Honey Bees


Being a beekeeper isn’t easy, especially when you are first starting out. My beekeeping journey began in April 2013 when my first two packages of bees arrived. I purchased two packages so I could compare the hives, and thus would be able to tell if one was doing poorly. Unfortunately, they both did equally poorly, but I was too new to know that they were doing poorly. Like many first-time beekeepers, my hives died out over the winter. However, by that time I was hooked so I chalked it up to a learning experience and began making plans for next time.

In the spring of 2014, a large swarm moved into one of my now empty hives. These bees did so much better than either of my original hives. As winter approached, I was feeling hopeful about the prospects of my little friends. In early February 2015, the bees were busily gathering pollen during one of our warm spells and I breathed a sigh of relief. My girls had made it through the winter!

Two weeks later, Kentucky experienced record snowfalls and low temperatures. Beekeepers in Kentucky lost an average of 42% of their hives that winter according to the Bee Informed Partnership. When you only have one hive, there isn’t a 42% option – you either have 0% hive loss or 100% hive loss. My hive fell into the second category. I was disappointed to have lost another hive and to have to start over again. However, I also knew many experienced beekeepers who suffered major losses due to that storm so I tried not to get too discouraged.

In the spring of 2015, I caught another swarm. The new swarm did even better than the swarm I caught the year before, including surviving the winter. Since then, I have had much better luck with my bees and am slowly growing the number of hives in my apiary. I typically have 3-6 hives during the summer and 2-4 hives during the winter. It’s been a slow journey, but I have learned so much and am looking forward to continuing to learn and grow my apiary.

Langstroth hive

I keep my bees in both top bar hives and Langstroth hives. Top bar hives are long hives and aren’t as common as the traditional, tall Langstroth hives. One of the advantages of top bar hives is that you don’t have to lift entire boxes of bees or honey. Another advantage of top bar hives is that you don’t open up as much of the hive at a time as you do with the Langstroth hives, so the bees tend to stay calmer. I love my top bars and find them very relaxing to work, but they are harder to manage.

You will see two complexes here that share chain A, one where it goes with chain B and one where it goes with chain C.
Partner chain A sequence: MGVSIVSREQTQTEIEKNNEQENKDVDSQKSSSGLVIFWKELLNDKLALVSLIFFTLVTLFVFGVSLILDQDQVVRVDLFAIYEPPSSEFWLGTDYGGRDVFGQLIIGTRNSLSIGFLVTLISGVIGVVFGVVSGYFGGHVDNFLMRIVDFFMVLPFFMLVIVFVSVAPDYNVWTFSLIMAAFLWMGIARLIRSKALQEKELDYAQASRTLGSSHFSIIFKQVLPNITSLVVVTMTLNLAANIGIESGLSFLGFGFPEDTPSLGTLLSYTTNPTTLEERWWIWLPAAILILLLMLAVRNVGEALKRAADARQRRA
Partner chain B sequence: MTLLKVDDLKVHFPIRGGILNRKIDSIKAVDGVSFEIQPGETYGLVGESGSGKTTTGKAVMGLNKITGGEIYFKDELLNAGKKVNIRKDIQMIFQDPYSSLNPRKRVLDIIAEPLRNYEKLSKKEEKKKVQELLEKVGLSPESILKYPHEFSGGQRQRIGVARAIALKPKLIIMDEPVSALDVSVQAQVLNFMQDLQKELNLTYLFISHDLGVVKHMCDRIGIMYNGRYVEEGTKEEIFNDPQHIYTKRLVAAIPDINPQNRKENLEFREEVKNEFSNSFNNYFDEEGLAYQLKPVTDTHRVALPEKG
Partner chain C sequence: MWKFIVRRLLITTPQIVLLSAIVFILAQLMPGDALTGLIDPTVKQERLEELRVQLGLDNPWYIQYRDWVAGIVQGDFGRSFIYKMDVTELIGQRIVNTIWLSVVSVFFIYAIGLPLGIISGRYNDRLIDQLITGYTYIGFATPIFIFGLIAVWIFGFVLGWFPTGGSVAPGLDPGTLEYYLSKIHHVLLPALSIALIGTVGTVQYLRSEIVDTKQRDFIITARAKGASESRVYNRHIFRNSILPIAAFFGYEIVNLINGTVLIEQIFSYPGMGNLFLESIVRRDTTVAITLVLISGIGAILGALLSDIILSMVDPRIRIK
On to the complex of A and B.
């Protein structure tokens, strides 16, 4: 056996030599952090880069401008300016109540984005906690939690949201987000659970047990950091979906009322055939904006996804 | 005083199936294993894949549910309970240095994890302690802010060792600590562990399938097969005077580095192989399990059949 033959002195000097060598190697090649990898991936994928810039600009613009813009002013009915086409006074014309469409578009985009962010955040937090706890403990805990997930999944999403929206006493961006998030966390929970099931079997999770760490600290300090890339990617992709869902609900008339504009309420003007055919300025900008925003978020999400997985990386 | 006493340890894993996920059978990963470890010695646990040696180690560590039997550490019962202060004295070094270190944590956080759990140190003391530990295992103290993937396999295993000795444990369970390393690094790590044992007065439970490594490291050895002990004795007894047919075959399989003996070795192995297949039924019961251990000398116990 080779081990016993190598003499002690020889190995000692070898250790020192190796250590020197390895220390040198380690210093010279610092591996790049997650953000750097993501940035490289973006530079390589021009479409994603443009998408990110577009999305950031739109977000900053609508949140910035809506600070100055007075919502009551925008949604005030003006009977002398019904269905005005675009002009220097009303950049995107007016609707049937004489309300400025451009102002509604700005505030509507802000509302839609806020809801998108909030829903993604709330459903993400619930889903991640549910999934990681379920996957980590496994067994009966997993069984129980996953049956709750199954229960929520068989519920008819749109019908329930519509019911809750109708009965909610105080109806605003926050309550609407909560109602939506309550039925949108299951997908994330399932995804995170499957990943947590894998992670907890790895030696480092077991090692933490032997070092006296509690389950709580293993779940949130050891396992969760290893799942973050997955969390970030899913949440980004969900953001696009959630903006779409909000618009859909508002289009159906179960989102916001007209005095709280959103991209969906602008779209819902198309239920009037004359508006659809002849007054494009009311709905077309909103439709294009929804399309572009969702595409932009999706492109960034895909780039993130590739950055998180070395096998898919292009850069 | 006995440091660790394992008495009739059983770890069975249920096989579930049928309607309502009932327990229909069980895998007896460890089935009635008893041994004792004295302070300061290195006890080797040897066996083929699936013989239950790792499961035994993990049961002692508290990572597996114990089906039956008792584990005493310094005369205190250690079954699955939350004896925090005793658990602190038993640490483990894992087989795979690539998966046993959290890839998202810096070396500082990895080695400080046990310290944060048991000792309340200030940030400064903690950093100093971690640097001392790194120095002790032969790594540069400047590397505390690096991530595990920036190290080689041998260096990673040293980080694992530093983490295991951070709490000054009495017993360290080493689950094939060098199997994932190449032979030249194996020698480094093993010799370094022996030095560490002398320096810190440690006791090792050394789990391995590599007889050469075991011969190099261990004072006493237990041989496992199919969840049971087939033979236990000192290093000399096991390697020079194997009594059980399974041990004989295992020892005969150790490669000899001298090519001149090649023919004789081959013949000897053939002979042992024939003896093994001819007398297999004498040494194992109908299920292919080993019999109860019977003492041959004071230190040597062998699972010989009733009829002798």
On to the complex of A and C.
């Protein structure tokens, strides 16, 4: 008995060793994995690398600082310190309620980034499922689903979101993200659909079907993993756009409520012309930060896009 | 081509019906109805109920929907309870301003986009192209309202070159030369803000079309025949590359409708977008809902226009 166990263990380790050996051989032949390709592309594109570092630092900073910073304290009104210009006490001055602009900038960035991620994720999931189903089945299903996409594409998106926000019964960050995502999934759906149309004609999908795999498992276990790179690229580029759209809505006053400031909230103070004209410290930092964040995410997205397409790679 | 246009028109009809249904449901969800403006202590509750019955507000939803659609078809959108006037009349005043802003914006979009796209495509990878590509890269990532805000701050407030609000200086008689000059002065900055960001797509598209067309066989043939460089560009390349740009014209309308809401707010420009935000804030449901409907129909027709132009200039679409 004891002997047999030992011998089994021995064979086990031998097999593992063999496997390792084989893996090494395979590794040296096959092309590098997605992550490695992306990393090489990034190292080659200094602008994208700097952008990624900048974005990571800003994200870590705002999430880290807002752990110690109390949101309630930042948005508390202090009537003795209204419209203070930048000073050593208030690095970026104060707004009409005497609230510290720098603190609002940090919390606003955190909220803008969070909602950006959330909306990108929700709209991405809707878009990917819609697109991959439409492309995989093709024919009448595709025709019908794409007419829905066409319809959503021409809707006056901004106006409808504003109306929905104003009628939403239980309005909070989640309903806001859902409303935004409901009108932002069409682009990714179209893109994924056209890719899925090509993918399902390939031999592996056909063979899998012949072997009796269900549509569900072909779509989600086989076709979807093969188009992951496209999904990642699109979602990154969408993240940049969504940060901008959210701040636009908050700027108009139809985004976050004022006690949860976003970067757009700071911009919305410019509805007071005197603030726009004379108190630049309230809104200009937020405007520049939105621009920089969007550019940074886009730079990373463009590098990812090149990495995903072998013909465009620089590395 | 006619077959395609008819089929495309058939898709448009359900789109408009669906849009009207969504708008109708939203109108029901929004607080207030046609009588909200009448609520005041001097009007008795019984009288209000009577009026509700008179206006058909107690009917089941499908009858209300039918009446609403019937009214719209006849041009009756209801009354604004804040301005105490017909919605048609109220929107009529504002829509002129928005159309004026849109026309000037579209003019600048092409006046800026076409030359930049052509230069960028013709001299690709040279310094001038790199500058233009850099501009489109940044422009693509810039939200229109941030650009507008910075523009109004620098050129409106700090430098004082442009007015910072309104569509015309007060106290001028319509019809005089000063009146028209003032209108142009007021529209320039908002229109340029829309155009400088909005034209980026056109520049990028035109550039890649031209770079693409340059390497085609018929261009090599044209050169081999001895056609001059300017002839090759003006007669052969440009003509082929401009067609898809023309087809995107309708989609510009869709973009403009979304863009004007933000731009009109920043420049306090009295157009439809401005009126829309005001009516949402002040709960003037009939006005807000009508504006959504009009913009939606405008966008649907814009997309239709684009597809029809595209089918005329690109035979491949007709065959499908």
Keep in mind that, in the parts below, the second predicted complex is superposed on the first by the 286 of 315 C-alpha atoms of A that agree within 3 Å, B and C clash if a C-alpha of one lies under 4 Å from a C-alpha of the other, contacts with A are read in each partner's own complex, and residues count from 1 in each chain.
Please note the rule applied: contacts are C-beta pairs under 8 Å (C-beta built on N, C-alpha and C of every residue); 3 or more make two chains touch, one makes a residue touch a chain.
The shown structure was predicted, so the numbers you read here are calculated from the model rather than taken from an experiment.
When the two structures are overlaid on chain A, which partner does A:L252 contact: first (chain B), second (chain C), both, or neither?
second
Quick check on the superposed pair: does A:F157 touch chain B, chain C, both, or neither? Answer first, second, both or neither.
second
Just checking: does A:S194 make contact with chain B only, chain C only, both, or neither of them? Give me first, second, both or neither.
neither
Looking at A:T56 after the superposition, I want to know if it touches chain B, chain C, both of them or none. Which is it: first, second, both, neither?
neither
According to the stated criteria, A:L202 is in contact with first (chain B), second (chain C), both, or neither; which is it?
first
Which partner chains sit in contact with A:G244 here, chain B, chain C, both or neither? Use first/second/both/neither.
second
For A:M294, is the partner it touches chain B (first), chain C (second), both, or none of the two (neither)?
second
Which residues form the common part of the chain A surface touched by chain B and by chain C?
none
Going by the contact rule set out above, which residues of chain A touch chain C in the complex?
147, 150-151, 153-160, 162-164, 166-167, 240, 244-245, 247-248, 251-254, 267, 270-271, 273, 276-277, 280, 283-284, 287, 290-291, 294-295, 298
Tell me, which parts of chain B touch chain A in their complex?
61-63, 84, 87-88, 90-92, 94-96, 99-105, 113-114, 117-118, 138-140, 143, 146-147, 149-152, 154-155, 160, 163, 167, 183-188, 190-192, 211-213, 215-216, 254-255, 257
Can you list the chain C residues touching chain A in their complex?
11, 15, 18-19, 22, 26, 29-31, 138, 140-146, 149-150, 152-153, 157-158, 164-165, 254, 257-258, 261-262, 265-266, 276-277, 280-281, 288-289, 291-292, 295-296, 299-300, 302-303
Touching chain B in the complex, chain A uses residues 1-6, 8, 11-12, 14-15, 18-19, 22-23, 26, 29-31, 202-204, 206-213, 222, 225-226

Langstroth hives are the tall hives that everyone is more used to seeing. The Langstroth hives are easier to manage and it is easier to find people who can help you with them when you have a problem. The longer that I am a beekeeper, the more the Langstroth hives are becoming the workhorses of my apiary.

When people find out I am a beekeeper, they often ask if I have any honey for sale. So far my answer has always been “no” because my hives have been so new or I’ve been concentrating on increasing my hive numbers rather than producing honey. Eventually I plan to sell honey and nucleus hives (nucs) of locally raised honey bees. I will be posting here and on Facebook when I am ready to start selling honey and / or bee. In the meantime, if you are looking for local honey or beeswax, please let me know and I can help put you in contact with local beekeepers who have some for sale.

Top bar hive

In the spring and early summer, honey bees will often swarm. A swarm is the hive’s way of reproducing itself. The bees will raise a new queen while the old queen and approximately half of the bees in the hive will fly off to establish a new hive. These swarms will often land on tree branches, fence posts, and other objects. The swarm will stay there in a tight cluster while scout bees look for a new home. Once a new home is found and agreed upon, the swarm will leave for the new location.

If you are in the Barren/Warren/Edmonson/Allen county areas and have a swarm on your property that you would like removed, please call me at (270) 202-7677. If I don’t answer, please leave a message and I will call you back. If I can’t collect the swarm, then I can help find another local beekeeper who is available.

Visit the photo albums if you would like to see more pictures of my bees.